Comment by montucky — February 2, 2008 @ 11:26 pm

  8. Oh such pretty creatures! Yes, and well said about the CPR! 😉


    Comment by Sumedh — February 2, 2008 @ 11:53 pm

  9. Yes, I love their markings. Also their calls. When the weather is a little warmer and I can leave a window open a little, sometimes a flight of them will wake me in the middle of the night when they come in to the river.


    Comment by montucky — February 3, 2008 @ 10:45 am

  10. I love the sound of honkers too! To my mind, their call is signaling the change of season and it really doesn’t matter to me whether that is summer to fall or winter to spring, it’s just plain exciting to hear. I especially love the first photo, it seems quite probable that this is a “family,” especially since families stick together for about two years.


    Comment by Janet Wilkins — February 3, 2008 @ 12:23 pm

  11. I like hearing them during migration times when the big “V’s” form. Often then a huge group will stop for awhile on the river below the house and they are incredibly loud. It’s so much better than city traffic!

    I think you’re right about this being a family. I think it’s the same group that has been hanging around here for weeks now. They are pretty safe here and there is riffle about a quarter of a mile long that is good for feeding. They share that with some small black and white diving ducks.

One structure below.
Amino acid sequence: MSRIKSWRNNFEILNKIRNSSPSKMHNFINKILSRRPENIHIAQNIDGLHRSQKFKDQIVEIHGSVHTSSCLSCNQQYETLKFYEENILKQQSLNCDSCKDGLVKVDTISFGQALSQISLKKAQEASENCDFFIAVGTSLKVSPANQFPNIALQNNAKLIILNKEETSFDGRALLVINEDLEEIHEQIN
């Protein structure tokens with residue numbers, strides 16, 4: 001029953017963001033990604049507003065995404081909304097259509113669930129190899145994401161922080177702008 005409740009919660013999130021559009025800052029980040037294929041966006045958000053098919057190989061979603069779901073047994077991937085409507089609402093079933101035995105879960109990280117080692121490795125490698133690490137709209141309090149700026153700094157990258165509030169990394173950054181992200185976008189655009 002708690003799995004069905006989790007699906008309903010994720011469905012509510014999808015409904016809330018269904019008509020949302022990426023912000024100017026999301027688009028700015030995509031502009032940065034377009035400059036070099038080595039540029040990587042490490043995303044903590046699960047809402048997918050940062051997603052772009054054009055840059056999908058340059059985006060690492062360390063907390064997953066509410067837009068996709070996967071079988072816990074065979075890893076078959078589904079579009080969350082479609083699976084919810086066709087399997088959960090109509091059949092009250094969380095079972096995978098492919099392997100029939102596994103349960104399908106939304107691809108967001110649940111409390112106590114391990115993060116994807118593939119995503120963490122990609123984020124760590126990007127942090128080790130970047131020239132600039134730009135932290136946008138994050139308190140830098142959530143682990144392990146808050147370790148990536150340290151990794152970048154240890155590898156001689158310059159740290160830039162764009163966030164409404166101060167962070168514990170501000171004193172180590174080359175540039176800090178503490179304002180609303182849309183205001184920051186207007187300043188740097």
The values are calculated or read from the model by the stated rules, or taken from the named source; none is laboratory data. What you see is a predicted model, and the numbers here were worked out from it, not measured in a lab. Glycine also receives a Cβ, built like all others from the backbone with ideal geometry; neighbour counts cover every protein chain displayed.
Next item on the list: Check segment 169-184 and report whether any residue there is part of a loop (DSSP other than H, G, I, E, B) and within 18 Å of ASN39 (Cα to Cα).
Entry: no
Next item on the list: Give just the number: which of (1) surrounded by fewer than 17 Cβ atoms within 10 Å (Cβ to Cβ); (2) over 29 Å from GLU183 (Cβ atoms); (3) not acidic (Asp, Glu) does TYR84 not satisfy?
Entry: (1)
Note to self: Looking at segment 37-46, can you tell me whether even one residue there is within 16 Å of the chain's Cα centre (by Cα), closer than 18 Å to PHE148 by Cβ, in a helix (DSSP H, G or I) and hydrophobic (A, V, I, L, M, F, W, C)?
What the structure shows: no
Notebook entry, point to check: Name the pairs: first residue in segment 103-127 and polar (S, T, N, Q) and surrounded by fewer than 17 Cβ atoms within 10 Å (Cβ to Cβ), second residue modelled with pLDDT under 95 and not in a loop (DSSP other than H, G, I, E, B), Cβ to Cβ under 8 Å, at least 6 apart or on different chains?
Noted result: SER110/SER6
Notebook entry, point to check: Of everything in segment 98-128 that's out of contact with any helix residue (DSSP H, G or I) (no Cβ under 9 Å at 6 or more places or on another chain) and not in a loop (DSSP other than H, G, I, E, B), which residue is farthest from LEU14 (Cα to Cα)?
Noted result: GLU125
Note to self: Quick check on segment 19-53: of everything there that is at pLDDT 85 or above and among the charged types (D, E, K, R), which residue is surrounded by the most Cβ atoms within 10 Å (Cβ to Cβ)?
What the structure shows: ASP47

Comment by montucky — February 3, 2008 @ 3:14 pm

  12. My land is on the flyway from a huge flock’s summer lake to their feeding cornfields. I see the geese 2 times a day, maybe 30 feet above my head. Never get tired of them. (Oh, and they fly over my car hood and roof, too.) 🙂


    Comment by barbara — February 3, 2008 @ 10:44 pm

  13. They do have a down-side too, don’t they! They are not popular with those who have stream side or lakeside property because they leave a lot of residue behind. That’s good for the wild country though.


    Comment by montucky — February 4, 2008 @ 9:58 am